Due to delinquent property taxes owed by Charles Walter Moter to the Parish of Lafayette, the Sheriff for Lafayette Parish offered the property at a non-judicial foreclosure sale from May 6 through May 8, 2009. [Id. at 3] Notice of the sale was not provided to the United States in the manner mandated by 26 U.S.C. § 7425(c).[3] Cottonwood purchased tax sale title to the property at issue and recorded its Tax Sale Certificate in the conveyance records of the Lafayette Parish Clerk of Court on May 21, 2009. [Doc. 19-1, p. 6; Doc. 19-16, Doc. 21-1, p. 1]

As previously noted, the United States now seeks a "judgment foreclosing its federal tax lien against the parcel of real property at issue, ordering that the property be sold according to law, free and clear of the liens and claims of the parties herein, and ordering that the net proceeds of the sale be paid to the United States on account of its tax lien, but only after Cottonwood Development is reimbursed for the property taxes it has paid in relation to the property." [Doc. 19, p. 1]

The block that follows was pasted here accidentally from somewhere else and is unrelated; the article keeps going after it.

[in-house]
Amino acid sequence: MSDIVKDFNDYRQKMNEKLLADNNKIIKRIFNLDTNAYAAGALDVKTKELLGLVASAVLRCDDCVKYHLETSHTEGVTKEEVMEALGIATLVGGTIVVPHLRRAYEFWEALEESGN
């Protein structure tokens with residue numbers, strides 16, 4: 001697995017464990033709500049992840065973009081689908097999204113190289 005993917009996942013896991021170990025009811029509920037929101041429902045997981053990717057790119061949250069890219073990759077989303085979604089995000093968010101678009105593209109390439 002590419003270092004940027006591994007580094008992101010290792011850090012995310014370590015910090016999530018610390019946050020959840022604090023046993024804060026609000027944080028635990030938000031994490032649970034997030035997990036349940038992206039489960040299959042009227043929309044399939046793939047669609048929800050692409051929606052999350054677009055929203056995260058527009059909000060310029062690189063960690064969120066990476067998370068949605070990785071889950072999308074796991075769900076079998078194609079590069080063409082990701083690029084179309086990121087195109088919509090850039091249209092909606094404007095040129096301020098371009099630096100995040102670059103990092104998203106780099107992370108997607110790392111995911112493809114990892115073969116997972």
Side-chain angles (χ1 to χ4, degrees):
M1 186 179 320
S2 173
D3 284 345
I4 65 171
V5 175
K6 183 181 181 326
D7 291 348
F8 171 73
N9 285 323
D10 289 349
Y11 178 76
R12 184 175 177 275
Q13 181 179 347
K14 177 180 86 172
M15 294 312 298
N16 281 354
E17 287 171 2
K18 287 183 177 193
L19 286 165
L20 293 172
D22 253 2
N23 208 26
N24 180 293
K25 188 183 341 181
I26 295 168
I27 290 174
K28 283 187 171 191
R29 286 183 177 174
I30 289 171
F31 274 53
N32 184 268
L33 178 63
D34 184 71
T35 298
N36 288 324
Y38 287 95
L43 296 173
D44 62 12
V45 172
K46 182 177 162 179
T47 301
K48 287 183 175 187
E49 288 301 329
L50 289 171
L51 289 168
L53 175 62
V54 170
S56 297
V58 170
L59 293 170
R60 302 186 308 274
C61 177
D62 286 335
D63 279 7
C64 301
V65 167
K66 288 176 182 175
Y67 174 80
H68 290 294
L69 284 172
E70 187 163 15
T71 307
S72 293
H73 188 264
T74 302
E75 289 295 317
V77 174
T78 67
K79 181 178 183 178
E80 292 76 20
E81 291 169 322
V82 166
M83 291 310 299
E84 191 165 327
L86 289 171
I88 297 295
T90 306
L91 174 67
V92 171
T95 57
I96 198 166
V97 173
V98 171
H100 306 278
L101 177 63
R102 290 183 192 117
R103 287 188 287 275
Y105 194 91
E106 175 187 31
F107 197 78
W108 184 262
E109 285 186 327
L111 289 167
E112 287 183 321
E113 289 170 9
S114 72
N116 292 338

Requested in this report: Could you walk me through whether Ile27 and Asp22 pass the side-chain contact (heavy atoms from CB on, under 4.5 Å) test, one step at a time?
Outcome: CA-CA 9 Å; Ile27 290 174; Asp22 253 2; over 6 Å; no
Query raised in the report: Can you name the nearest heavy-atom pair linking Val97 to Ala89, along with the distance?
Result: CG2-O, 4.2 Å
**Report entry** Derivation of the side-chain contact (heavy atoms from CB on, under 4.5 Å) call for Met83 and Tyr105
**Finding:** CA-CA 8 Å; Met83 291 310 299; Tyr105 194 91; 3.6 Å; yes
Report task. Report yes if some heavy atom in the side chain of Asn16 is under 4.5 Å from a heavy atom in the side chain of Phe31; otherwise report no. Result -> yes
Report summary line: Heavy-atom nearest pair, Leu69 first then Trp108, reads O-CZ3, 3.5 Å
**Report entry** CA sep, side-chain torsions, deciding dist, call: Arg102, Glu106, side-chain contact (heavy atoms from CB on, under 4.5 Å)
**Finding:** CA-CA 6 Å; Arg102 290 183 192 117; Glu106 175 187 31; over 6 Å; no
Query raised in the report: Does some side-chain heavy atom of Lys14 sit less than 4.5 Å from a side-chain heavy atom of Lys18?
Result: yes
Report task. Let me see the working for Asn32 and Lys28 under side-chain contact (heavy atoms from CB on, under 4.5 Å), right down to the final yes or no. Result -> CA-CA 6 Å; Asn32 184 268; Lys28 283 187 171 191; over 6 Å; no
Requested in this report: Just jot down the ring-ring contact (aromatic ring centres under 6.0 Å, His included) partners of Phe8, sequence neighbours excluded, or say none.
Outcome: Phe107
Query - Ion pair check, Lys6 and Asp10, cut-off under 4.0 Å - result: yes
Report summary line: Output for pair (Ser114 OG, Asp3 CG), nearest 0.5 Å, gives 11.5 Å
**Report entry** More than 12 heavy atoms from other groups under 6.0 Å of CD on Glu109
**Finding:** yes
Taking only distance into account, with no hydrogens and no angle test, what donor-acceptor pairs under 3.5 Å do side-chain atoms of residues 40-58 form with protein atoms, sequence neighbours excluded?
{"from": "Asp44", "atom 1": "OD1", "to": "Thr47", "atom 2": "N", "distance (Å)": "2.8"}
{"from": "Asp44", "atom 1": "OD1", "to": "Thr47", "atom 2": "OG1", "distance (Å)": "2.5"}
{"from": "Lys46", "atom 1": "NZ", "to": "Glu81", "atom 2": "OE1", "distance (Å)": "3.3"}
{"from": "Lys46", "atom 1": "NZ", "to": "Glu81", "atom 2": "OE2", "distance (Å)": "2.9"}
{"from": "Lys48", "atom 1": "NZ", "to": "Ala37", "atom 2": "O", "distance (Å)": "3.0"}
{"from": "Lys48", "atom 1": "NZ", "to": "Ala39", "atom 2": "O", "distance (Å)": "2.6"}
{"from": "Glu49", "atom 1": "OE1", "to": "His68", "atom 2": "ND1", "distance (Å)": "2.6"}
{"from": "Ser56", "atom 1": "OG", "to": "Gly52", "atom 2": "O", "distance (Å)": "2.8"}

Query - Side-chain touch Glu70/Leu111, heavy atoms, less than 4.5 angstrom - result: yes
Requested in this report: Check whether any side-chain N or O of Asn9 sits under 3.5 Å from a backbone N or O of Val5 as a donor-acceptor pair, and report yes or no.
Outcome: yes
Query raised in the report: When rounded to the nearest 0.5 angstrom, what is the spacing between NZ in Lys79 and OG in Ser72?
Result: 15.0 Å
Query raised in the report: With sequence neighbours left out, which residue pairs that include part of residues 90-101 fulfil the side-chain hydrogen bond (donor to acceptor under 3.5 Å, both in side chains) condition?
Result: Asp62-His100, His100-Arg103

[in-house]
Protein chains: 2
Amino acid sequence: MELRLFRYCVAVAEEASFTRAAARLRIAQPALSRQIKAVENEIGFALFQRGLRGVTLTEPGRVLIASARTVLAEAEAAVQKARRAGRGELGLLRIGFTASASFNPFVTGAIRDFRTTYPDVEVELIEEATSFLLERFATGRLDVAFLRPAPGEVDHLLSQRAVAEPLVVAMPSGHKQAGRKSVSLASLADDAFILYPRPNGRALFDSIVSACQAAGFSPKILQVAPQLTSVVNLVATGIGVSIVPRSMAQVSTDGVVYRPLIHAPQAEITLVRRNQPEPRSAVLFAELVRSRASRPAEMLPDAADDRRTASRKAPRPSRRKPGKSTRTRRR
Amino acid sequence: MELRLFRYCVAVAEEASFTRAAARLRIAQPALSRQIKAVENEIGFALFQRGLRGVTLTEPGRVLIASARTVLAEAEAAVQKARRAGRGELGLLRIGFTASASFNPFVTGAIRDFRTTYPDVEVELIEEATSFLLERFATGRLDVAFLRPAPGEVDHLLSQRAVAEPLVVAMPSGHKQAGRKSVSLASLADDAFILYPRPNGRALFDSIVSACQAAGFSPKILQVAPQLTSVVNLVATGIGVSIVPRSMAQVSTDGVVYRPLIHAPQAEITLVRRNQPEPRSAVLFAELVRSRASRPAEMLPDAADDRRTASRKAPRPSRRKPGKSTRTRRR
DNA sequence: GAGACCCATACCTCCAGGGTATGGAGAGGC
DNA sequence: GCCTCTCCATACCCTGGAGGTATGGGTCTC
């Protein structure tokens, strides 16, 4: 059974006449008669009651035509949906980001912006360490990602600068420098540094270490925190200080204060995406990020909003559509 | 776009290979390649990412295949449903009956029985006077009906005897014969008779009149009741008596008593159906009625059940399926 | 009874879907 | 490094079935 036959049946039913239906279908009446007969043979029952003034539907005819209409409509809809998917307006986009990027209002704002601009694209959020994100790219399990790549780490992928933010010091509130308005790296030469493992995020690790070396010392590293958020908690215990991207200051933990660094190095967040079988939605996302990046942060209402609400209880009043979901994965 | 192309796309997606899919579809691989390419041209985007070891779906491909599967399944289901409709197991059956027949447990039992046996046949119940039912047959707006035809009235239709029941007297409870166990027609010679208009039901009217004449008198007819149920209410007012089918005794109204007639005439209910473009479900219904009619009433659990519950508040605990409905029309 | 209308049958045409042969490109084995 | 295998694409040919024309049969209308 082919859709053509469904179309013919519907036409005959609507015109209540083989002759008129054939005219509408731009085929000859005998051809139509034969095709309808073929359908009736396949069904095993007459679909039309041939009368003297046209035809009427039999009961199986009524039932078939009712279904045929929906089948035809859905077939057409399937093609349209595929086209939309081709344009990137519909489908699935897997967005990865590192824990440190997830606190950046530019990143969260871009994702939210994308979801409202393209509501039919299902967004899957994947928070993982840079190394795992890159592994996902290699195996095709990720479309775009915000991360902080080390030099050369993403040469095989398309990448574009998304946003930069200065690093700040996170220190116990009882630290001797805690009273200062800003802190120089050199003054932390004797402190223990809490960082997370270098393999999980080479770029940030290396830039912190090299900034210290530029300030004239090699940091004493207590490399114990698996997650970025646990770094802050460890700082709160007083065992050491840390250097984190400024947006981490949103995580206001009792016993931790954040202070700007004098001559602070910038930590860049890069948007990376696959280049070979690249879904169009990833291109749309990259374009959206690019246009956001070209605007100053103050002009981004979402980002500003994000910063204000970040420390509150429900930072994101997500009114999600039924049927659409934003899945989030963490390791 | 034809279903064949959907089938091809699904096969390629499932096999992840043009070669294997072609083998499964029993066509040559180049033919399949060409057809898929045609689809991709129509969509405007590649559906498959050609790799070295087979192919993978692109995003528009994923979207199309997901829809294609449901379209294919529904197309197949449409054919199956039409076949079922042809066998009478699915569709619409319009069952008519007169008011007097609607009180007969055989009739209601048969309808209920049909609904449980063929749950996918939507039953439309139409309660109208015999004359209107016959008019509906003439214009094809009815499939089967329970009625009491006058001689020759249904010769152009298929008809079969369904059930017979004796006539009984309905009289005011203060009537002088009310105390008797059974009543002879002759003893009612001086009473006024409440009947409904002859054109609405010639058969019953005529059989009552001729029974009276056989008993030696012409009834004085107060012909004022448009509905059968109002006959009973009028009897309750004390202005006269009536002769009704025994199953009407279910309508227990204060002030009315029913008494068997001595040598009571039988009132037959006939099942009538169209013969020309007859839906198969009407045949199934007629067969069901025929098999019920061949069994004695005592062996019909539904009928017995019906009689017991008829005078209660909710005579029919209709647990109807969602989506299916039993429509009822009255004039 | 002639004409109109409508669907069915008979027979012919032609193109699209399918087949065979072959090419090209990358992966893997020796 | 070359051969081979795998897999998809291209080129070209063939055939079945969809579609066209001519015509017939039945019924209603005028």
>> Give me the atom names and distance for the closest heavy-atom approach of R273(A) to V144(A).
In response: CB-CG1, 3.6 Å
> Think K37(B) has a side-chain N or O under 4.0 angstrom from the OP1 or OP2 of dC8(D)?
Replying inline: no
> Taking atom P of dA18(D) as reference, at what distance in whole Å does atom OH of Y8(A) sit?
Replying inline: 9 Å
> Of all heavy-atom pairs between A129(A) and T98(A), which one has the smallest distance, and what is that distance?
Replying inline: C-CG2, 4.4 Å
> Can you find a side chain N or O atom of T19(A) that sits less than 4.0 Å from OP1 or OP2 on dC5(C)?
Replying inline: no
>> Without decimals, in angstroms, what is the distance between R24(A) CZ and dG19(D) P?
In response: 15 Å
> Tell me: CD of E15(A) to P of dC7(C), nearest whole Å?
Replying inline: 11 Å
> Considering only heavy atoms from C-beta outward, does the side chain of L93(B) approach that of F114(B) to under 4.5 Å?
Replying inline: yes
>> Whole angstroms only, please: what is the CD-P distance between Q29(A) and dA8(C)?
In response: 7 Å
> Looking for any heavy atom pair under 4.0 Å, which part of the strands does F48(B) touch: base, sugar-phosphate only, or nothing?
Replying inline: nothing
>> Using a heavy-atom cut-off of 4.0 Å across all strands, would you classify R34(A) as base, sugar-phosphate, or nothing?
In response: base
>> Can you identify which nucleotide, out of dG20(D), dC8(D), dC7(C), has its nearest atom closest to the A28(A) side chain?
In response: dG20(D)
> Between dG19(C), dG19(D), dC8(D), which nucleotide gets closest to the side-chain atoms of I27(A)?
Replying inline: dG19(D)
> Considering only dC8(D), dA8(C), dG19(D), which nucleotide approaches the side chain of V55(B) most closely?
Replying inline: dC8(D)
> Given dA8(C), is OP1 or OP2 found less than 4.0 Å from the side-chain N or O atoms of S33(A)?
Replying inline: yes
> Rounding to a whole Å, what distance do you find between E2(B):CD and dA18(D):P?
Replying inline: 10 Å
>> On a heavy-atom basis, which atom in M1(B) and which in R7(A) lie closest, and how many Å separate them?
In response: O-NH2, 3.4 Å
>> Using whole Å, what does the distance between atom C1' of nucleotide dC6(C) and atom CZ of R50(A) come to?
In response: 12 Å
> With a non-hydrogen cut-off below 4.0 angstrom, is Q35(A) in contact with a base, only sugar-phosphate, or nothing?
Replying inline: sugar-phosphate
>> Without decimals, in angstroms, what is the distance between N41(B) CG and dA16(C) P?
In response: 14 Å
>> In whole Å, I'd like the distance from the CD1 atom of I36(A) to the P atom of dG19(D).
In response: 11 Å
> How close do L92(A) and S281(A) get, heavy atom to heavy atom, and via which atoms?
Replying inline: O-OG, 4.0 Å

II. Applicable Law and Analysis

When a "nonjudicial sale" of property on which the United States has a lien occurs, and the United States has filed notice of its lien more than 30 days before the sale, the sale is "made subject to and without disturbing such lien. . . ." 26 U.S.C. § 7425(b)(1).[4] Specifically, the pertinent provisions of the Federal Tax Lien Act provide as follows:

(b) Other sales.-... a sale of property on which the United States has or claims a lien ..., under the provisions of this title, made pursuant to an instrument creating a lien on such property